Some of the Pinot goes to winemaker Nathan Kandler of Thomas Fogarty, who makes a vineyard designate for the Fogarty wine club. Notes Kandler, “Mindego Ridge is a young but very promising vineyard. It is climatically very intriguing because of the huge diurnal shift; it is almost always in the 40s at night, but regularly warms into the 80s or 90s during the day. This produces very small berries with few seeds, giving wine with great color and structure. There is a certain intensity and power to the wines. There are a few other vineyards in the La Honda area, and they all share the same dark fruited, powerful nature.”
Find Mindego Ridge wines at Roberts Market or at the Saratoga tasting room it shares with Lexington (Fogarty’s second label). www.mindegoridge.com
Winemaker John Benedetti of Sante Arcangeli has been garnering high praise and top scores for his stylistically understated wines, sourced mainly from an old vineyard in Corralitos (at the southern end of the Santa Cruz Mountain range) called Split Rail. It is planted to heritage clones. Benedetti’s family ties to Pescadero, as well as his fondness for Thomas Fogarty Winery’s estate Pinots (located on Skyline), caused him to scout for a vineyard in this area.
Benedetti says the McConnell vineyard, at the top of Alpine Road and across from Rhys (more on that coming), complements his portfolio. It is planted to Swan clone and Clone 828, marrying the old and the new. Swan is considered one of the heritage clones. Like Martini, it predates all the younger Dijon clones that were developed in the 1980s to accelerate ripeness in cool, maritime-influenced climates. One of these, Clone 828, is known for dark, intense clusters that deliver powerful tannin.
“It’s an incredibly cold site,” says Benedetti. “Our last fruit to ripen, it gets more physiological ripeness than our other sites, and will have more lignification (wood) in the stems. The wine is inky, brooding and intense: the skins grow thicker up there.” He hopes to plant some Chardonnay at this vineyard eventually.
Sante Arcangeli has a tiny tasting room in Pescadero next to Duarte’s Tavern.
Right from their debut on the world wine stage, Rhys Pinots created huge buzz and impressed the media with their weightless grace, otherworldly balance and low alcohols, many in the 12 percent range. Josh Reynolds of Stephen Tanzer’s International Wine Cellar awarded the 2008 Rhys Pinots the top scores of the vintage, as did esteemed Pinot Noir critic Allen Meadows of Burghound, who gave Rhys’s 2008 vintage the highest score ever awarded to an American Pinot Noir (95). Similarly, well-known wine critic Antonio Galloni has always been a fan, repeatedly calling Rhys among the finest wineries in the United States.
A ‘Goldilocks’ zone where soil is just thin enough to prevent too much vigor yet deep enough to sustain vines…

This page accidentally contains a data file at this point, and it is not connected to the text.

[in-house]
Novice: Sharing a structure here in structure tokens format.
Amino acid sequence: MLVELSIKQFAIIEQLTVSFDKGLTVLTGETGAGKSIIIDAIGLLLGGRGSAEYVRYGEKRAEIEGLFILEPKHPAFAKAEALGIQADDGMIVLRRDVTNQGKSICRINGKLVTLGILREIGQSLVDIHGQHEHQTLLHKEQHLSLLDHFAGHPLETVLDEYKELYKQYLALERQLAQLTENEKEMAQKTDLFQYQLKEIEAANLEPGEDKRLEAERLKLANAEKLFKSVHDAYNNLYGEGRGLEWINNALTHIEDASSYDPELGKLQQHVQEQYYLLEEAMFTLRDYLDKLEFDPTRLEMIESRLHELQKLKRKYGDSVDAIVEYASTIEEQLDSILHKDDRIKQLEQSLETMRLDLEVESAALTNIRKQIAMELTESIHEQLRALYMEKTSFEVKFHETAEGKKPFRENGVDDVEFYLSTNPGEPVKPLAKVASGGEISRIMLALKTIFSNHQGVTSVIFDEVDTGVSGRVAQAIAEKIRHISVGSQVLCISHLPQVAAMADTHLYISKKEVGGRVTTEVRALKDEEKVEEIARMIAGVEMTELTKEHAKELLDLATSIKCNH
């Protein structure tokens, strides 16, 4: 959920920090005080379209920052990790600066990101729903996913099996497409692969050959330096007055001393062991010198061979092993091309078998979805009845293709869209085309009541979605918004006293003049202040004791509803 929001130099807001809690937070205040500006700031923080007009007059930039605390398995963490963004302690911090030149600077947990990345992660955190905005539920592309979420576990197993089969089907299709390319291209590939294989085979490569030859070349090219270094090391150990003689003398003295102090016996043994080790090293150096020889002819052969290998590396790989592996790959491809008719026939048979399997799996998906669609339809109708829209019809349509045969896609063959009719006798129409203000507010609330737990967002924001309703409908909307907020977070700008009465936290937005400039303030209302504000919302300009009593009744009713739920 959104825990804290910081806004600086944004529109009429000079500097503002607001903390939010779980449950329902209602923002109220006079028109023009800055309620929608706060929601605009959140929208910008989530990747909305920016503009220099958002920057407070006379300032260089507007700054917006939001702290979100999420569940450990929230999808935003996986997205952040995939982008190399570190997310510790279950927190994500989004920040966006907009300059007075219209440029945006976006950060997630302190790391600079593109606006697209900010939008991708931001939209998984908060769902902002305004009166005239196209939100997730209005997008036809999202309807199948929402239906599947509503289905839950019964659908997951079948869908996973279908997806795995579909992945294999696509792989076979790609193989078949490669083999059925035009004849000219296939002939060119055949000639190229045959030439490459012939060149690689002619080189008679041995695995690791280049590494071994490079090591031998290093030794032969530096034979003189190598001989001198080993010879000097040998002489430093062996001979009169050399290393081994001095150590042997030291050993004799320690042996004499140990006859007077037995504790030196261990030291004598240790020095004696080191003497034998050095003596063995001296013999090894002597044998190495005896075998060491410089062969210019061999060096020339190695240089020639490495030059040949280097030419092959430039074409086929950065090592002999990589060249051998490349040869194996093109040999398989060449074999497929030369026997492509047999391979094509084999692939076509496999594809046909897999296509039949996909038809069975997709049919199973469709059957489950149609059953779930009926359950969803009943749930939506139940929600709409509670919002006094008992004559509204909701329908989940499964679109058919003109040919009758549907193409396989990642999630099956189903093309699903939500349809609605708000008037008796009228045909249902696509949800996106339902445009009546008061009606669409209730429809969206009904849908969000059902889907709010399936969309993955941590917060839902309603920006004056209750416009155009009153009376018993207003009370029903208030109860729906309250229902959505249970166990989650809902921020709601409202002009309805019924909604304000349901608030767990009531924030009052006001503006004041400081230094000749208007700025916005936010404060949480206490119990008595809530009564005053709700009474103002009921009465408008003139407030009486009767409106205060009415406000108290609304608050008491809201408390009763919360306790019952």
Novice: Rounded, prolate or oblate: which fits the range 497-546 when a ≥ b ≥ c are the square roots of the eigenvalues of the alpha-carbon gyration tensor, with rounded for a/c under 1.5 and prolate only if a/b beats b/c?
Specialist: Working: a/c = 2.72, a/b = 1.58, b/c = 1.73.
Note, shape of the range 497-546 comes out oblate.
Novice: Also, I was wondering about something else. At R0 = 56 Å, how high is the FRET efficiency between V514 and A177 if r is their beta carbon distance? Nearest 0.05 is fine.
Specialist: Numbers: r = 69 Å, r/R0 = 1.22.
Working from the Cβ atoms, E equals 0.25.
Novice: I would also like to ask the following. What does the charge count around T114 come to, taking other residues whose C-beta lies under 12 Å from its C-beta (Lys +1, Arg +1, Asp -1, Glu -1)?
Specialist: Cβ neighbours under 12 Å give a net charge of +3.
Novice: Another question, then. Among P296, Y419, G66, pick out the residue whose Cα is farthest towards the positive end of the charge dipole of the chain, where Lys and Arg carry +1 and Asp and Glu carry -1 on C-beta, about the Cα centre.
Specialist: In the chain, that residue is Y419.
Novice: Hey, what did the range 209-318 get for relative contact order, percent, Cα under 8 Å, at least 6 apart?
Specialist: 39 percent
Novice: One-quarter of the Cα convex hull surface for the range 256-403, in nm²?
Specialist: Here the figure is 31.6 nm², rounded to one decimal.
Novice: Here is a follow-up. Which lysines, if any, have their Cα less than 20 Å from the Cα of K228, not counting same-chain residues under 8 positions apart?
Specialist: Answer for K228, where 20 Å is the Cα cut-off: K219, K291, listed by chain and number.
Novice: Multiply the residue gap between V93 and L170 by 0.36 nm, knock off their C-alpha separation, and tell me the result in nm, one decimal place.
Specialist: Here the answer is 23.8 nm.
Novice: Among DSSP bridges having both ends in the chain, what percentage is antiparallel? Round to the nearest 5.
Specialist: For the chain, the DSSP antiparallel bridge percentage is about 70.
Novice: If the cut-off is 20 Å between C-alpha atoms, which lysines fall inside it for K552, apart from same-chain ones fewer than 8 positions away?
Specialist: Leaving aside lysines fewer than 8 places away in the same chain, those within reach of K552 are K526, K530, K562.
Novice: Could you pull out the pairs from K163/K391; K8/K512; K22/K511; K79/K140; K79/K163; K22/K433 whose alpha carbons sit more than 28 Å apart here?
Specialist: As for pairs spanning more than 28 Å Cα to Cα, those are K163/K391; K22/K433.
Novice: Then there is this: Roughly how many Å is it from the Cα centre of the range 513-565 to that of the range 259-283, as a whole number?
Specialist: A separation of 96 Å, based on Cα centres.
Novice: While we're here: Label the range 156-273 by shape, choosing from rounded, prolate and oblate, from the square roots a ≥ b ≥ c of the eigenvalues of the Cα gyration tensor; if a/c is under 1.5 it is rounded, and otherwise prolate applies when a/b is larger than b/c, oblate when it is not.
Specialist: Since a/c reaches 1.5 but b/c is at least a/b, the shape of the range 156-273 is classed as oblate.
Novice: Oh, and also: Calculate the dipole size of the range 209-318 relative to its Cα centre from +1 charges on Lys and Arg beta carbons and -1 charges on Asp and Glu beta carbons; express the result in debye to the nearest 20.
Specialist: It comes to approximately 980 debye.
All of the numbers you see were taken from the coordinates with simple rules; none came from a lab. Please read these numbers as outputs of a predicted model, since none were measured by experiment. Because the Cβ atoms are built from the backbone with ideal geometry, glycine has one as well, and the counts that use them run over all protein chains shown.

But Rhys is not just a producer of stellar wines with a reputation for balance and poise: it’s a collection of breathtaking vineyards strung along Skyline Boulevard like a giant cosmic choker made for an Amazon goddess. And it’s precisely those vineyards that are the keys to the kingdom of Rhys, a Celtic name common in owner Kevin Harvey’s family.
The winery itself is deep in the hillside, part of a 40,000-square-foot cave that took almost seven years to carve out of rock.
Winemaker Jeff Brinkman says that Harvey, an engineer, carefully studied the geology of the world’s best winegrowing regions and determined there was a “Goldilocks zone” where the soil, ideally sand and limestone or weathered clay, is just thin enough to prevent too much vigor yet deep enough to sustain vines. It is this geology that defines the area where the finest houses in Burgundy are found.
Harvey says his philosophy is “to make wines that have structure and depth but minimal weight, which is why we’re working with the least fertile sites we can plant, with minimal topsoil and steep grades.”
We visited three of their five vineyards in the Skyline area to gauge their unique pulses and personas.
The soils of the Skyline Vineyard, which Rhys calls the “home ranch,” can barely be called soils at all: they are pretty much rock, and the vines are spindly, like underfed waifs. The hills are so steep the vines must be tended by hand. This is a labor of insane love.
The Alpine Vineyard, near the top of Alpine Road, hugs the southwest facing hills like a shawl of possibility. Everywhere wildflowers bloom, clover glistens red and birds flit among the surrounding trees. There is a sense of serenity here that is borne of the nearby sea, glowering under cloud.
At Horseshoe vineyard, down a fir-lined road off Alpine Road between the Alpine Vineyard and the summit, the soil is light and porous, and there are signs of frostbite. A robust cover crop of crimson clover and rye are energetic cheerleaders, waving on the naysayer fog layer, trying to impart their life-giving nutrients to the vines. There’s an edgy energy at work here.
Rhys wines are inaccessible unless you are on their mailing list: www.rhysvineyards.com